Hanford Site History

The demand for nuclear weapons by the Manhattan Project initiated a nationwide search for strategic areas suitable to produce and store nuclear materials. Working with the DuPont Company, in September 1942, the US government chose Hanford, Washington, a relatively secluded area along the Columbia River, as the location for one of the largest nuclear facilities in the country.

Interesting Facts

  • Originally the land encompassing the site was home to many native American tribes and early Western settlers
  • Built in 1943 and occupying approximately 1,800 sq ft, the Hanford B Reactor was the first commercial size reactor used for plutonium production in the world
  • The first functional atomic bomb and the subsequent Fat Man bomb, dropped on Japan, utilized plutonium refined at the Hanford Site
  • In 1947, Hanford expanded its nuclear reactors and plutonium refinement efforts supplying materials for nearly all 60,000 atomic weapons developed during the cold war era

Contamination

During the 1960s the scope of the Hanford site was greatly reduced. All the old reactors were decommissioned, leaving only the N Reactor to continue refining plutonium and generate electricity. It was also during the 60s that reports began to surface of massive contamination and environmental concerns at the Hanford site.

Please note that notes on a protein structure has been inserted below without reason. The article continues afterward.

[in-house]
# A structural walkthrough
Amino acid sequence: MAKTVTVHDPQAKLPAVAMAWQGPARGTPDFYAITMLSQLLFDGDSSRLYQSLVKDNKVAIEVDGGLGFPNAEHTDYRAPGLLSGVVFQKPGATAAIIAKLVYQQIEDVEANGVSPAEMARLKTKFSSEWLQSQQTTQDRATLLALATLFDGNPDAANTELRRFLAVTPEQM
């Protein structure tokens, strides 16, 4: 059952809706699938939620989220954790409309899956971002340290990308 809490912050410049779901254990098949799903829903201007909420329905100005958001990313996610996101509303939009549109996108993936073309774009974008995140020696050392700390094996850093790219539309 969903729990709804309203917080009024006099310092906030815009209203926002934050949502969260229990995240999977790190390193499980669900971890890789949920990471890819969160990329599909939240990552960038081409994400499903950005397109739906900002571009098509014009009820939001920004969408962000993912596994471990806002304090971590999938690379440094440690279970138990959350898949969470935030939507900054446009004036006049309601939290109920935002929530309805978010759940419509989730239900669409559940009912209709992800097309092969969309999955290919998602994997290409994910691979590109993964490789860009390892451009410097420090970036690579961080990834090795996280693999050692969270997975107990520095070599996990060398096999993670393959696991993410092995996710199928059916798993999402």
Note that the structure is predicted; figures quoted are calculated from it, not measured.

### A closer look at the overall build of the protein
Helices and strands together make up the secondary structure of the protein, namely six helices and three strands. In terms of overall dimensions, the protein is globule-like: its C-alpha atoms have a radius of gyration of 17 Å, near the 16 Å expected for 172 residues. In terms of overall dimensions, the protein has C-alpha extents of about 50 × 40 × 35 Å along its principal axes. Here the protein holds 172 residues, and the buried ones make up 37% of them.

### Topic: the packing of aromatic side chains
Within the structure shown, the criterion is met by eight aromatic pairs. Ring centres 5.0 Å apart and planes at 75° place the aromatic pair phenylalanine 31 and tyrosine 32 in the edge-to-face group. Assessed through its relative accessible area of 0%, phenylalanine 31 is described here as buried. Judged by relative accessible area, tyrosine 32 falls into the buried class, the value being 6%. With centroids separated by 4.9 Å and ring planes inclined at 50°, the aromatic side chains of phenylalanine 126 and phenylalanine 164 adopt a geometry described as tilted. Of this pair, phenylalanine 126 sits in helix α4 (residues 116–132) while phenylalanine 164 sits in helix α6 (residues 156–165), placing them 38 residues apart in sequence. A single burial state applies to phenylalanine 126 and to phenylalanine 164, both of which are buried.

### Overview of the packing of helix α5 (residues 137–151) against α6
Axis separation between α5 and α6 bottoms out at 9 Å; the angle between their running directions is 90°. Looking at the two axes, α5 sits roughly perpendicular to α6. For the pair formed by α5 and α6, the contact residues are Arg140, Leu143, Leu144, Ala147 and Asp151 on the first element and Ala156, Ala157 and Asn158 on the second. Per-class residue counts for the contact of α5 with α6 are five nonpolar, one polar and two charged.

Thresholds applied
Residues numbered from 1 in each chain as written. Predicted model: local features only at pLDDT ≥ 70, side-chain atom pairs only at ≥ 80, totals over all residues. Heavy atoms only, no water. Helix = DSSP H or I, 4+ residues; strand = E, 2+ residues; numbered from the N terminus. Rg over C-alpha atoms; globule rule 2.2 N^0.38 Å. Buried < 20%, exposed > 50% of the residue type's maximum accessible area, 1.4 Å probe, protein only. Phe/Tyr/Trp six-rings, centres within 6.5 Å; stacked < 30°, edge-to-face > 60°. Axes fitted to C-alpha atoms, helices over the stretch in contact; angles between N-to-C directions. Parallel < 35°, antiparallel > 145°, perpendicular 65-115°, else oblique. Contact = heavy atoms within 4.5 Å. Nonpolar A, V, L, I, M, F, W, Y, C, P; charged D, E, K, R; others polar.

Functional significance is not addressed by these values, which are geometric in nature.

The site recycled an enormous amount of water from the Columbia River to cool the reactors. Some of the 177 storage tanks filled with nuclear waste were said to have begun leaking into the groundwater. The plutonium refinement process had also released nuclear isotopes into the air affecting downwind states across the region.

In 1987, N reactor was finally shut down and the site focus shifted towards research, nuclear power generation and a daunting cleanup effort. Hanford is the world’s largest environmental cleanup project, currently employing 11,000 workers at a cost of over $2 billion per year.

The project is overseen by the Department of Energy and continues to be a hot issue for communities in the region as well as the country at large. As of 2013, the estimated cost to clean up the Hanford site stands at $115 billion.

Hanford Site EEOICPA Benefits

Current and former workers of the Hanford site or their survivors are eligible for up to $450,000 in compensation and health benefits under Part B and Part E of the Energy Employees Occupational Illness Program Act (EEOICPA).

The Department of Labor has also granted Special Exposure Cohort status to those who worked at the site prior to 1973. For more information on benefits and how to apply contact your local DOL Resource Center.

Questions about benefits? Call us at (800)718-5658

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